The TAC prepared annotations for each non-qualifying practice justifying their decision. These notes will be forwarded to the submitters by the Secretariat together with a copy of this report.


Finally, in 2012 the TAC has been requested by the Executive Director of UN-HABITAT to recommend nominations for the Scroll of Honor to be discerned on World Habitat Day. The TAC forwarded 6 nominations for the Scroll of Honour drawing from the 100 Best Practices list and reviewed a special submission from Lebanon. The recommendations of the TAC pertaining to the 2012 Scroll of Honour are contained in Annex III.


The TAC, having been fully briefed on the working methods of the Best Practices and Local Leadership Programme and of its new endeavours in the area of good urban policies and enabling legislation, proposes the following recommendations:

The extensive knowledge base accumulated over ten years requires the institutional architecture of Best Practices to be strengthened to ensure that lessons learned are more extensively disseminated and to firmly establish best practices as a benchmark to inform and inspire ongoing development initiatives and projects;
For optimum benefit to be derived from Best Practices, UN-HABITAT and Dubai Municipality should ensure a more systematic and user-friendly interface between practitioners and decision makers;
The documentation and assessment process needs to be enhanced in terms of its ability to fully benefit from regional and linguistic diversity for the purpose of ensuring greater equity in the quality and coverage of submissions, and their selection and dissemination. This would require greater technical support and resources, including the need to establish a coordinating mechanism for regional and thematic exchanges to address both submissions and the sharing of Best Practices;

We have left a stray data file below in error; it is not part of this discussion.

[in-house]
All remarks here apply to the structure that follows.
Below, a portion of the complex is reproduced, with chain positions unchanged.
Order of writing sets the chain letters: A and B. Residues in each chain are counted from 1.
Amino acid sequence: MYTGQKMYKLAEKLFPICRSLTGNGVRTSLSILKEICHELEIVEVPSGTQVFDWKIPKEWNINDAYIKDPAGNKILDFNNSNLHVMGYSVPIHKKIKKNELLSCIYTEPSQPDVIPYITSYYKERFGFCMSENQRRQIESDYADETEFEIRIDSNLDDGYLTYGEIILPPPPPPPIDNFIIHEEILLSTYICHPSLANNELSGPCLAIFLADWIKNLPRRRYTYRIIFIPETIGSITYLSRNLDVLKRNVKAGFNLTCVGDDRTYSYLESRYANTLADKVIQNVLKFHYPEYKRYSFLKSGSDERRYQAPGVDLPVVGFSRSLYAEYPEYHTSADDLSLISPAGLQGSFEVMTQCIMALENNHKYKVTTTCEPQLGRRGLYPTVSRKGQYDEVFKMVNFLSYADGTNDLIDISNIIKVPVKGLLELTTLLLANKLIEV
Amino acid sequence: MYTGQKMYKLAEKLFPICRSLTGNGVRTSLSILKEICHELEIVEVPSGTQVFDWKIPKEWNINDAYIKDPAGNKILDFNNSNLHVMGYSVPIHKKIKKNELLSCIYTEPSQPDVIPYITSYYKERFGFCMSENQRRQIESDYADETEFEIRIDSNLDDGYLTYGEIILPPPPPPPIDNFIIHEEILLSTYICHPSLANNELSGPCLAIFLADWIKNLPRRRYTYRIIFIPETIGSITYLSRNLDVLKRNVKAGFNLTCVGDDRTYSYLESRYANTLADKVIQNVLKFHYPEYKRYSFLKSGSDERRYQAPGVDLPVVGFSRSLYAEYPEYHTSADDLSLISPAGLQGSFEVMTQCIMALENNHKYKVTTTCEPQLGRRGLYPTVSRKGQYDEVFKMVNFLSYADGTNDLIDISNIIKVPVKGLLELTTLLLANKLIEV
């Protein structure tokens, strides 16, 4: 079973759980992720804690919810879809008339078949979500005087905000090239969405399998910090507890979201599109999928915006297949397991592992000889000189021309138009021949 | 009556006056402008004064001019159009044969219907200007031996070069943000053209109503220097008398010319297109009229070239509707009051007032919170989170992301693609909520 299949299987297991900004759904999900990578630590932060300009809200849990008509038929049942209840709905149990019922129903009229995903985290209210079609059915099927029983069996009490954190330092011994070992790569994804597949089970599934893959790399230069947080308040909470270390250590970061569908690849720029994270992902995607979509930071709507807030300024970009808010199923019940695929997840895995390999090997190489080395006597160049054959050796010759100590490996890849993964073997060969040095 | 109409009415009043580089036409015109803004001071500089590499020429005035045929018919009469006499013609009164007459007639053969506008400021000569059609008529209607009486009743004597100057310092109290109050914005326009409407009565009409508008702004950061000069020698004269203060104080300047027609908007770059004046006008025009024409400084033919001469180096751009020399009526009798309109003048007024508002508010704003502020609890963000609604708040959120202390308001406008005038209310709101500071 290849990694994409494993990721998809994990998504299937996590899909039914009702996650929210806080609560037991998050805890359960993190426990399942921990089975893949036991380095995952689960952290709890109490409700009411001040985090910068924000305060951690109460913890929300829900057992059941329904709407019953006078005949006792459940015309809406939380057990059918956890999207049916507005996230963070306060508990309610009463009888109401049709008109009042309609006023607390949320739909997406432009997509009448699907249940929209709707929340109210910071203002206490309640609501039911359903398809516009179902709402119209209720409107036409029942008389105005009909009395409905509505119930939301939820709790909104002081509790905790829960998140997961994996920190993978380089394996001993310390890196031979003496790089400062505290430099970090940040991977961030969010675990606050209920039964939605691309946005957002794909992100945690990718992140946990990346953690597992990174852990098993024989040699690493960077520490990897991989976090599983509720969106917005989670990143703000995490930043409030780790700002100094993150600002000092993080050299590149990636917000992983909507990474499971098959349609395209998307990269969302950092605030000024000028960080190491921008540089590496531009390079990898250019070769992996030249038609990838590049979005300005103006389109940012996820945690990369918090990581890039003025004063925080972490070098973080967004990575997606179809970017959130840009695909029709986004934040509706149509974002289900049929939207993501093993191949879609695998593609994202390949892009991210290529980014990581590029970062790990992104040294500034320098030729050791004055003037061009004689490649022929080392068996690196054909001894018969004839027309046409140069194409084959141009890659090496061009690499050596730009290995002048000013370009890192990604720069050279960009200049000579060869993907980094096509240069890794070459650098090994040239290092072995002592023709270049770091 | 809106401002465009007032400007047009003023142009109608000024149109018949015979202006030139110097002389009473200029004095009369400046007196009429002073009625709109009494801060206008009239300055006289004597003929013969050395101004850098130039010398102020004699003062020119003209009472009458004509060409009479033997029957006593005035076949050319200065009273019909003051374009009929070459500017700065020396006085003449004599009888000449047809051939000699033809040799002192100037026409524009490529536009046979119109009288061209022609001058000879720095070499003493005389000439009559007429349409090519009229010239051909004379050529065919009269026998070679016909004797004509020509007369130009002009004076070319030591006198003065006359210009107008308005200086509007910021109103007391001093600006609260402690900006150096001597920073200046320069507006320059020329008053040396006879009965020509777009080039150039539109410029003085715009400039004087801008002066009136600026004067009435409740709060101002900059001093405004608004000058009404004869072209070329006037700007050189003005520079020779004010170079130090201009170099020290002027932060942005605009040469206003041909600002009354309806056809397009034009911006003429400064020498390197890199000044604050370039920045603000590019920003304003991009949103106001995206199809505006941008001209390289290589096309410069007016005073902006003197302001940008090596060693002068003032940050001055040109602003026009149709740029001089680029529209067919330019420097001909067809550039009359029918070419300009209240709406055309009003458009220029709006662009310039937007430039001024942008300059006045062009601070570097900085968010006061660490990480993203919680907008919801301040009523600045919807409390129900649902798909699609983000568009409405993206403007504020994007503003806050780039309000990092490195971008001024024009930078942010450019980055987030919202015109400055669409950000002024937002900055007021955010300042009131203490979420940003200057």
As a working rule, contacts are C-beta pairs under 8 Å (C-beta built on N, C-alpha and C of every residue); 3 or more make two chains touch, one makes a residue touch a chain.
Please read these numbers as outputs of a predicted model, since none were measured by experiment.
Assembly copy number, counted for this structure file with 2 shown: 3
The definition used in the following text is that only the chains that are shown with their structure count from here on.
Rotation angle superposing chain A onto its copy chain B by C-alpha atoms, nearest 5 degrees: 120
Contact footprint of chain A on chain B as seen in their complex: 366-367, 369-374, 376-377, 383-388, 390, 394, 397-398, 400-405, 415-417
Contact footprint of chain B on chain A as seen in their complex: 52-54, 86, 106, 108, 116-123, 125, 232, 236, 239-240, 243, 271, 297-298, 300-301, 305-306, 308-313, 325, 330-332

Future awards cycles might afford special recognition for Best Practices from earlier years that have achieved significant results in terms of transfers, scaling-up and dissemination;
In the face of the increasing number of submissions and growing interest across regions, it is the considered opinion of the TAC that the time has come for the number of Awards to be increased from ten to twelve.
Improved working arrangements and institutional partnerships should be developed with key international bodies and programmes, to promote access to and use and dissemination of Best Practices.

i. Susana Aguilar-Fernandez (Spain), Univesidad Complutense de Madrid, [Co-Chair]
ii. Amer Al-Hashimi (Australia), Environmental Research and Wildlife Development Agency, [Chair]
iii. Abdul Aziz Al Midfa (U.A.E.), Environment and Protected Area Authority, Sharjah
iv. Stuart Coupe (U.K.), ITDG, United Kingdom
v. Marcella D’Souza (India), Watershed Organisation Trust WOTR, Maharashtra
vi. Gordana Janak (Czech Republic), City of Vienna, Austria
vii. Circe Maria Gama Monteiro (Brazil), Universidade Federal de Pernambuco
viii. Margarita Pacheco-Montes (Colombia), International Rainwater Harvesting Alliance
ix. Luz Lopez Rodriguez (Philippines), UNIFEM-CEDAW South East Asian Program
x. Mario Seneviratne (Canada), Green Technologies Inc.
xi. Sy Kadiatou Sow (Mali), Projet de Reduction de la Pauvreté, Bamako
xii. Franz Vanderschueren (Chile), Universidad Hurtado, Santiago de Chile
xiii. Ahmedi Vawda (South Africa), National Department of Housing


Vincent Kitio, UN Habitat
Anne Klen, UN Habitat
Nicholas You, UN Habitat

Dubai Municipality

Obaid Salem Alshamsi
Khalid Mohammed Badri
Yousef Murad Salmeen
Qamar Redha Fadhlani
Zahra Ali Sajwani
Sabina Fernandes
Ahmed Sharif Salkho
Qasem Mohammed Rafi Al Qasem
UAE Environment Group
Habiba Al Marshai